Letter to Financial Times

Today’s letter to the Financial Times in full:

Sir, It is with regret that we note that citizens’ rights — the third pillar of the Brexit divorce settlement — have fallen off the political and media radar, including in this newspaper.

While we appreciate the high quality of the FT’s Brexit reporting, it is disappointing to see it accepting the EU and UK line that they are in “touching distance” of “shoring up” the rights of EU nationals living in the UK, and UK nationals living on the continent.

As representatives of the 4.5m people who will have to live with whatever compromise is negotiated on our behalf we strongly disagree that a deal is in sight. Not only has Brexit secretary David Davis failed to respond to our requests to meet us on numerous occasions, but both sides are still engaged in horse-trading over our futures, while pretending otherwise.

What’s on the table will not allow those directly affected by Brexit to carry on their lives as before, which Theresa May and Michel Barnier said is their objective. The main sticking points are freedom of movement for Britons in Europe and life-long right of return, and the UK’s insistence on dragging EU nationals in the UK into a hostile environment of UK immigration law without European Court of Justice oversight. We do not expect these issues to be resolved in the next two weeks, meaning they will be kicked into phase two of the talks, where they will almost certainly get lost amid others.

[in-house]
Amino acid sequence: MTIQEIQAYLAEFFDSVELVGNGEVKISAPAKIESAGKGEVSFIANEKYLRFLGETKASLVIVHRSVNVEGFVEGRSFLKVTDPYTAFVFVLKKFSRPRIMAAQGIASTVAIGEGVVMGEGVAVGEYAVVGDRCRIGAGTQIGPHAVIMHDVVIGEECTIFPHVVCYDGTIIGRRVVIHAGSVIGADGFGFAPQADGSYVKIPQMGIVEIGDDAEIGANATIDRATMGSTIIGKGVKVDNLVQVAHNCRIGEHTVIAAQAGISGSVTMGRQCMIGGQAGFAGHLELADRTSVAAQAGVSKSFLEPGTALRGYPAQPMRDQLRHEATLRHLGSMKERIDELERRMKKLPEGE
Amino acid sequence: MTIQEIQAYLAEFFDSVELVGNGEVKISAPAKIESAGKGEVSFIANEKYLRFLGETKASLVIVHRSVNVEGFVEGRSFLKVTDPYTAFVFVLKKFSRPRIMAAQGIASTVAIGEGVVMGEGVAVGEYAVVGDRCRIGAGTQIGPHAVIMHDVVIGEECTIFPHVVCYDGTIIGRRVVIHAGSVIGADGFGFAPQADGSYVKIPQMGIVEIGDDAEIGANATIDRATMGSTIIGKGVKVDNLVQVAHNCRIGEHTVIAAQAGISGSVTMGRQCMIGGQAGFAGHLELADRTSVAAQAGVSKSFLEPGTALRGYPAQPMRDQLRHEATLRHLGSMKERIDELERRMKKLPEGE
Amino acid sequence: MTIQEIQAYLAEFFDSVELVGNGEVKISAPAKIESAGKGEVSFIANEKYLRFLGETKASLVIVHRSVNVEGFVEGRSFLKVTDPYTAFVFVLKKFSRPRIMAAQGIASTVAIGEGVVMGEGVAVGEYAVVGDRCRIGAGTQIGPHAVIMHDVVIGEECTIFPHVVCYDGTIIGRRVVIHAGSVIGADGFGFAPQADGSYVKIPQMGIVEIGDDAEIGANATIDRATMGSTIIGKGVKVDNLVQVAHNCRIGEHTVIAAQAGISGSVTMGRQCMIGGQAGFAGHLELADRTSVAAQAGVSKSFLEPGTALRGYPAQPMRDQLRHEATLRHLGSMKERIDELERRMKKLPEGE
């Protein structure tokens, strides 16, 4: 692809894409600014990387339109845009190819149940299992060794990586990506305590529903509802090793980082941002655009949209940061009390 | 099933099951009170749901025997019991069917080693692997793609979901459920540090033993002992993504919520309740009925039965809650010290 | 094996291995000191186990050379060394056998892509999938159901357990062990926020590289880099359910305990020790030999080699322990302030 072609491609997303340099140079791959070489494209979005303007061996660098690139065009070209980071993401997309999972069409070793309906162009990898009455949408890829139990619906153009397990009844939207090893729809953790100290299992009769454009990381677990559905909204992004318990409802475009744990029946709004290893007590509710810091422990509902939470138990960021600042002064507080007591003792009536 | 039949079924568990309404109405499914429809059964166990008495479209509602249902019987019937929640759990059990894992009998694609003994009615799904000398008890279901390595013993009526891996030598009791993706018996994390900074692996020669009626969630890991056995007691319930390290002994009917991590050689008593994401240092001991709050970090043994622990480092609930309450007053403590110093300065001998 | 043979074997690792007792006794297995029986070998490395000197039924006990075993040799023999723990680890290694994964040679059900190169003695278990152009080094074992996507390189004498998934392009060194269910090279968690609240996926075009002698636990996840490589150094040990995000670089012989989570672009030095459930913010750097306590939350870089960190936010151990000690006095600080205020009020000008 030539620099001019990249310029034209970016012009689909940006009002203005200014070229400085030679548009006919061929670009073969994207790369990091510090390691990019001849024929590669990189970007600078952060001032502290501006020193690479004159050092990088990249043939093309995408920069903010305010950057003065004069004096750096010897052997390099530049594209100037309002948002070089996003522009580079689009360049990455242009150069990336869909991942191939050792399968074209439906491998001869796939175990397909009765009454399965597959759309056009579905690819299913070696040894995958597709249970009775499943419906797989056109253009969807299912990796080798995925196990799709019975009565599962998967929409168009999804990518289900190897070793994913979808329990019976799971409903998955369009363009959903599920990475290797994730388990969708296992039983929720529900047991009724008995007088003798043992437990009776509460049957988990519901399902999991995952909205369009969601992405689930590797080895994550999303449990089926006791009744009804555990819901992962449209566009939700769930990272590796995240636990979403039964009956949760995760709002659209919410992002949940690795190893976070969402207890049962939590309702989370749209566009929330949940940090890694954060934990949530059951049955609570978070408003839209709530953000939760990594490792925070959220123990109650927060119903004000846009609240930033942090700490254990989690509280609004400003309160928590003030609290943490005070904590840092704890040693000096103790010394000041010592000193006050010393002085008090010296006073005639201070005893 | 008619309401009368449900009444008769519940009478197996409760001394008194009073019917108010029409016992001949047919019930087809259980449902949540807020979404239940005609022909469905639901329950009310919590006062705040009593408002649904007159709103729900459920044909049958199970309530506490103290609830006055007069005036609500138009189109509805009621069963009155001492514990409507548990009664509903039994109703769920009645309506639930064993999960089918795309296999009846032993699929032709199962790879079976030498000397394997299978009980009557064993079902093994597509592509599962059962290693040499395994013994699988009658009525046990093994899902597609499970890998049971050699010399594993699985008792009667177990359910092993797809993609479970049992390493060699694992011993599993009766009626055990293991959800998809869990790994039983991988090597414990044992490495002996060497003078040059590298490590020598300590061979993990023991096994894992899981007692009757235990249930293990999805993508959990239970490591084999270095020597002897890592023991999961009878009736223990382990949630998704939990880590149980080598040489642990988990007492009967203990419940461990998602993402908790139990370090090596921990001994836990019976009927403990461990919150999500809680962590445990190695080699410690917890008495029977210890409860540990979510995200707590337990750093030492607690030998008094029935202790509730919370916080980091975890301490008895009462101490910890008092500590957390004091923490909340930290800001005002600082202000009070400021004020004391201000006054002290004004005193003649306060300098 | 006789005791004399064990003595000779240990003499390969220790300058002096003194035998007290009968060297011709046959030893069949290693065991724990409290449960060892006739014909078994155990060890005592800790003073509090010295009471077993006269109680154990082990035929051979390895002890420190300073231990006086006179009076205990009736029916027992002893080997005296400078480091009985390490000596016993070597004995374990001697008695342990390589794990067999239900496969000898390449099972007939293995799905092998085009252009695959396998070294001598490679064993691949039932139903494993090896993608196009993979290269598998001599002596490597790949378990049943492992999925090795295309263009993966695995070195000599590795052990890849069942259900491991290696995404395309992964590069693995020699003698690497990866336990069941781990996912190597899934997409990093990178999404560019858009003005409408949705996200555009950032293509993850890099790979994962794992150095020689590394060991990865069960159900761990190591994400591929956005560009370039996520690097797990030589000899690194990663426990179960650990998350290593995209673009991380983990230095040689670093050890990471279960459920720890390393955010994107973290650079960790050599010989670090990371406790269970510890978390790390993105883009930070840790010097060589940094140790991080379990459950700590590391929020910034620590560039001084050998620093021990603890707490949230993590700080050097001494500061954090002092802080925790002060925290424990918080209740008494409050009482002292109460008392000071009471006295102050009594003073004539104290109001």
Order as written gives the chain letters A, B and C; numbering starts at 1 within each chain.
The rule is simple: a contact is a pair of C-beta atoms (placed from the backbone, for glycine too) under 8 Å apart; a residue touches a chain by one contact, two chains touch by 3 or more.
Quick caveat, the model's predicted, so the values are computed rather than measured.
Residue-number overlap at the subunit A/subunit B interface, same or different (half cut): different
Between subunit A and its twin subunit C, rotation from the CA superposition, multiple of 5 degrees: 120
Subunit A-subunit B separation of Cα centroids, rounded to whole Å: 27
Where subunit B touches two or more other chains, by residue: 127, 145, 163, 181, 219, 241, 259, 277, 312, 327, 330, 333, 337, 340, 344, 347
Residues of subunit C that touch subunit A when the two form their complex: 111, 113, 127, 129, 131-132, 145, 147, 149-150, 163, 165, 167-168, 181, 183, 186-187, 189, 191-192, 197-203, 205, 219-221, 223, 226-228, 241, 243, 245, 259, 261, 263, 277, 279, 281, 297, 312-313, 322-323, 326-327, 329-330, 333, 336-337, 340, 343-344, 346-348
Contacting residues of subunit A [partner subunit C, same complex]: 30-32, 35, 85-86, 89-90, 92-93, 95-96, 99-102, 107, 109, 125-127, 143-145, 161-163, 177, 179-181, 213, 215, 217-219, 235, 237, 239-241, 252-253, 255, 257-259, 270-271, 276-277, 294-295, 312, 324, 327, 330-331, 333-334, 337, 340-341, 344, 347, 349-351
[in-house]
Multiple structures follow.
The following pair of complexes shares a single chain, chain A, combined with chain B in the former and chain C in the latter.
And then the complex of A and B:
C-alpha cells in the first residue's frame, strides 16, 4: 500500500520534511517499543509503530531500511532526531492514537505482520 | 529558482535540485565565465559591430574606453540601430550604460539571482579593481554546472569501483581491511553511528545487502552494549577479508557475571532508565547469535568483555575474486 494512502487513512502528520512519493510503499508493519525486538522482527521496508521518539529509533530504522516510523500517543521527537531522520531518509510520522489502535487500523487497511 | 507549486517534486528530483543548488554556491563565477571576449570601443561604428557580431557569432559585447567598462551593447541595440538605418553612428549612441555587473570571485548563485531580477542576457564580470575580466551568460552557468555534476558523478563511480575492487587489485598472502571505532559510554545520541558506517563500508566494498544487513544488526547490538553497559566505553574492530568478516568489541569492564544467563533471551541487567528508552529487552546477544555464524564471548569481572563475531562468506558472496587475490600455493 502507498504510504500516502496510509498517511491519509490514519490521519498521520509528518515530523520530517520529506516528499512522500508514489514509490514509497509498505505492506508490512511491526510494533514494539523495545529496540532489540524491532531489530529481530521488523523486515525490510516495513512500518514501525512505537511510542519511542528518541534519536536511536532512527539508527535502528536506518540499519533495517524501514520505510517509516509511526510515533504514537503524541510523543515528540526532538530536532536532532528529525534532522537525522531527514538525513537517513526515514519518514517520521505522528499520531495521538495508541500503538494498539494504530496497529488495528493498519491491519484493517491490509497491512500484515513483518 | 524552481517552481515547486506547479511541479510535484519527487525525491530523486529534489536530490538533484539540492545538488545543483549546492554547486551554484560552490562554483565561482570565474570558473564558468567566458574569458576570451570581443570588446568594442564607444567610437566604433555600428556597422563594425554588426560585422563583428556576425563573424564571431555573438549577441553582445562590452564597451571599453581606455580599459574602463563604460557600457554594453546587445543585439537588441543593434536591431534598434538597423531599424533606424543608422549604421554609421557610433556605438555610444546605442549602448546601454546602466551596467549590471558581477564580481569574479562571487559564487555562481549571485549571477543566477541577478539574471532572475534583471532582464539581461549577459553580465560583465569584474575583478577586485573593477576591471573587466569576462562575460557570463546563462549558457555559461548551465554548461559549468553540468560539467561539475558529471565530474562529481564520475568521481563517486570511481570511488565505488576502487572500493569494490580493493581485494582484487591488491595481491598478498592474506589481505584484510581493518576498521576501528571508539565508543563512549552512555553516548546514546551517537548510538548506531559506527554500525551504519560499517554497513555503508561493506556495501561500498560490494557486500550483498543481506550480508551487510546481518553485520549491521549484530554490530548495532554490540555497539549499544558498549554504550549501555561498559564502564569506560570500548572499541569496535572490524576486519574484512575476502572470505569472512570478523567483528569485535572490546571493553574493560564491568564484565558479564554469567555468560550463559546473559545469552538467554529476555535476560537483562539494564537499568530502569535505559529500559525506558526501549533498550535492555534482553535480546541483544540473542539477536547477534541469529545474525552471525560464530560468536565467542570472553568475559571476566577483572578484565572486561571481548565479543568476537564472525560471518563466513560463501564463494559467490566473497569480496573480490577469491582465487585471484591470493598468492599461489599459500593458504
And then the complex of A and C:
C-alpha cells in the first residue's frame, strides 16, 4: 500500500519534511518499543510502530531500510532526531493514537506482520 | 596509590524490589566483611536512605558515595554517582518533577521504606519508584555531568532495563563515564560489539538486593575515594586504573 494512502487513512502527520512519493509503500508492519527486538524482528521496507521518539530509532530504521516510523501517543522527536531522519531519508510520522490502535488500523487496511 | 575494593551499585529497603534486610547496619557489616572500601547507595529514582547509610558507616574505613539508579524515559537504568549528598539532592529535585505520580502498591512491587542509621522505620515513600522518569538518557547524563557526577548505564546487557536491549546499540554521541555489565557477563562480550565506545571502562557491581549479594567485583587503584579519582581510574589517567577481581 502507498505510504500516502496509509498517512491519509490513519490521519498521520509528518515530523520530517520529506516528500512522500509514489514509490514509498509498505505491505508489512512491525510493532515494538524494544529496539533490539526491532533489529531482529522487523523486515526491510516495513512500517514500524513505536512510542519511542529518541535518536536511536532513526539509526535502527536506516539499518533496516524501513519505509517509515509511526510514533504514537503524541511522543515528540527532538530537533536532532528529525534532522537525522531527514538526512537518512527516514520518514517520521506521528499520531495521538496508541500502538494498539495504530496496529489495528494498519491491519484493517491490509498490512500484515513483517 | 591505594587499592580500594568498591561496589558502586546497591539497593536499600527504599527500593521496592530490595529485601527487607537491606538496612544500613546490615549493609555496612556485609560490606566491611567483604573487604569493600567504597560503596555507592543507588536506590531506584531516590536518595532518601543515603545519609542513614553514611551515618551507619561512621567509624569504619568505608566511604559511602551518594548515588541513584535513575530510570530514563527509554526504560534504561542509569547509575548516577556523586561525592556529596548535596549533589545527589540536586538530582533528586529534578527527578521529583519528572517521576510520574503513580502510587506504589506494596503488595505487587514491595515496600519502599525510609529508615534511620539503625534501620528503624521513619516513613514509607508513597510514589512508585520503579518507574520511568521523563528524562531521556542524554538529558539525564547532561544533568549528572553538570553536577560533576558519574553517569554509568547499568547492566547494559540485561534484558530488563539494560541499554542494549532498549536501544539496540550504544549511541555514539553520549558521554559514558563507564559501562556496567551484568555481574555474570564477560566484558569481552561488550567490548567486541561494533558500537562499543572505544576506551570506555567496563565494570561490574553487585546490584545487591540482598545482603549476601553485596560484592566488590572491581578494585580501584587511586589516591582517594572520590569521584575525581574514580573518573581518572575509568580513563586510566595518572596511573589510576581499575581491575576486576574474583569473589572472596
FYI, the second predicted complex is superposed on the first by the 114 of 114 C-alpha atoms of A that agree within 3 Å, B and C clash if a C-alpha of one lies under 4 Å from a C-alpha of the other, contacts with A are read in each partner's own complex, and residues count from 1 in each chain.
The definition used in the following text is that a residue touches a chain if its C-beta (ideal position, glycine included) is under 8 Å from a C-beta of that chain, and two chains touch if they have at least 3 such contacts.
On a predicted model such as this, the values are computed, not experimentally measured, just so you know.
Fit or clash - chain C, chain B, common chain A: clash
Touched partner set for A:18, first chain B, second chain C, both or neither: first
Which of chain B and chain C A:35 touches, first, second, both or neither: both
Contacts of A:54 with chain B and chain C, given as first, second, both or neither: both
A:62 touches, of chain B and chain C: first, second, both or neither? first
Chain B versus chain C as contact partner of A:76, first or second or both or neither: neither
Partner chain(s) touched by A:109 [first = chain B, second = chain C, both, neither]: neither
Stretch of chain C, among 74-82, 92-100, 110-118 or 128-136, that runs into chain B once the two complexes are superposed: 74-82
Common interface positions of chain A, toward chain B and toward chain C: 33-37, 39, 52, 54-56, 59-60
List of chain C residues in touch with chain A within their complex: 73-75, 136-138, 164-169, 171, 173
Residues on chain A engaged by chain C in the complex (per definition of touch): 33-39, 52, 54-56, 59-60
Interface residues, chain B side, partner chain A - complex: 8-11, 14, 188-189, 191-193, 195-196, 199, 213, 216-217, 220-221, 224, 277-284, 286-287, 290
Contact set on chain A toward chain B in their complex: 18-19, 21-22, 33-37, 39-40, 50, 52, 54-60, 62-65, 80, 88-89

These are not trivial concerns. The lives people have built for themselves by exercising their EU citizenship rely on a bundle of interlinking rights, similar to the kind used to construct a tower in Jenga. If you remove just one block from the tower, it risks bringing the whole edifice crashing down.

Not having certainty or control over our futures is bad enough. But to be told a deal is imminent when we know it will be unworkable for many is unacceptable, particularly when it will also be used to talk up progress in comparison to other seemingly intractable issues.

Jane Golding
Chair, British in Europe
Berlin, Germany

Nicolas Hatton
Chair, the3million


2 thoughts on “Letter to Financial Times”

  1. Thank you Jane for some clarity.
    What a shambles – never thought as a Brit expat with over 250yrs of traceable ‘English heritage’ (thank you Ancestry) I would be told I don’t ‘belong’ in my mother country once I gave been absent for 5 yrs ?

    1. “I don’t ‘belong’ in my mother country once I have been absent for 5 yrs” – this alarms me! I had not understood this to be the case, only that as a Brexpat resident of France, if I am absent from France for 5 years, then my residency in France may lapse. Surely we can go home to Blighty whenever we like. I have English, Welsh and Irish heritage, and was born in Scotland. If Scotland leaves the UK and joins the EU, I’m applying for a Scottish passport!

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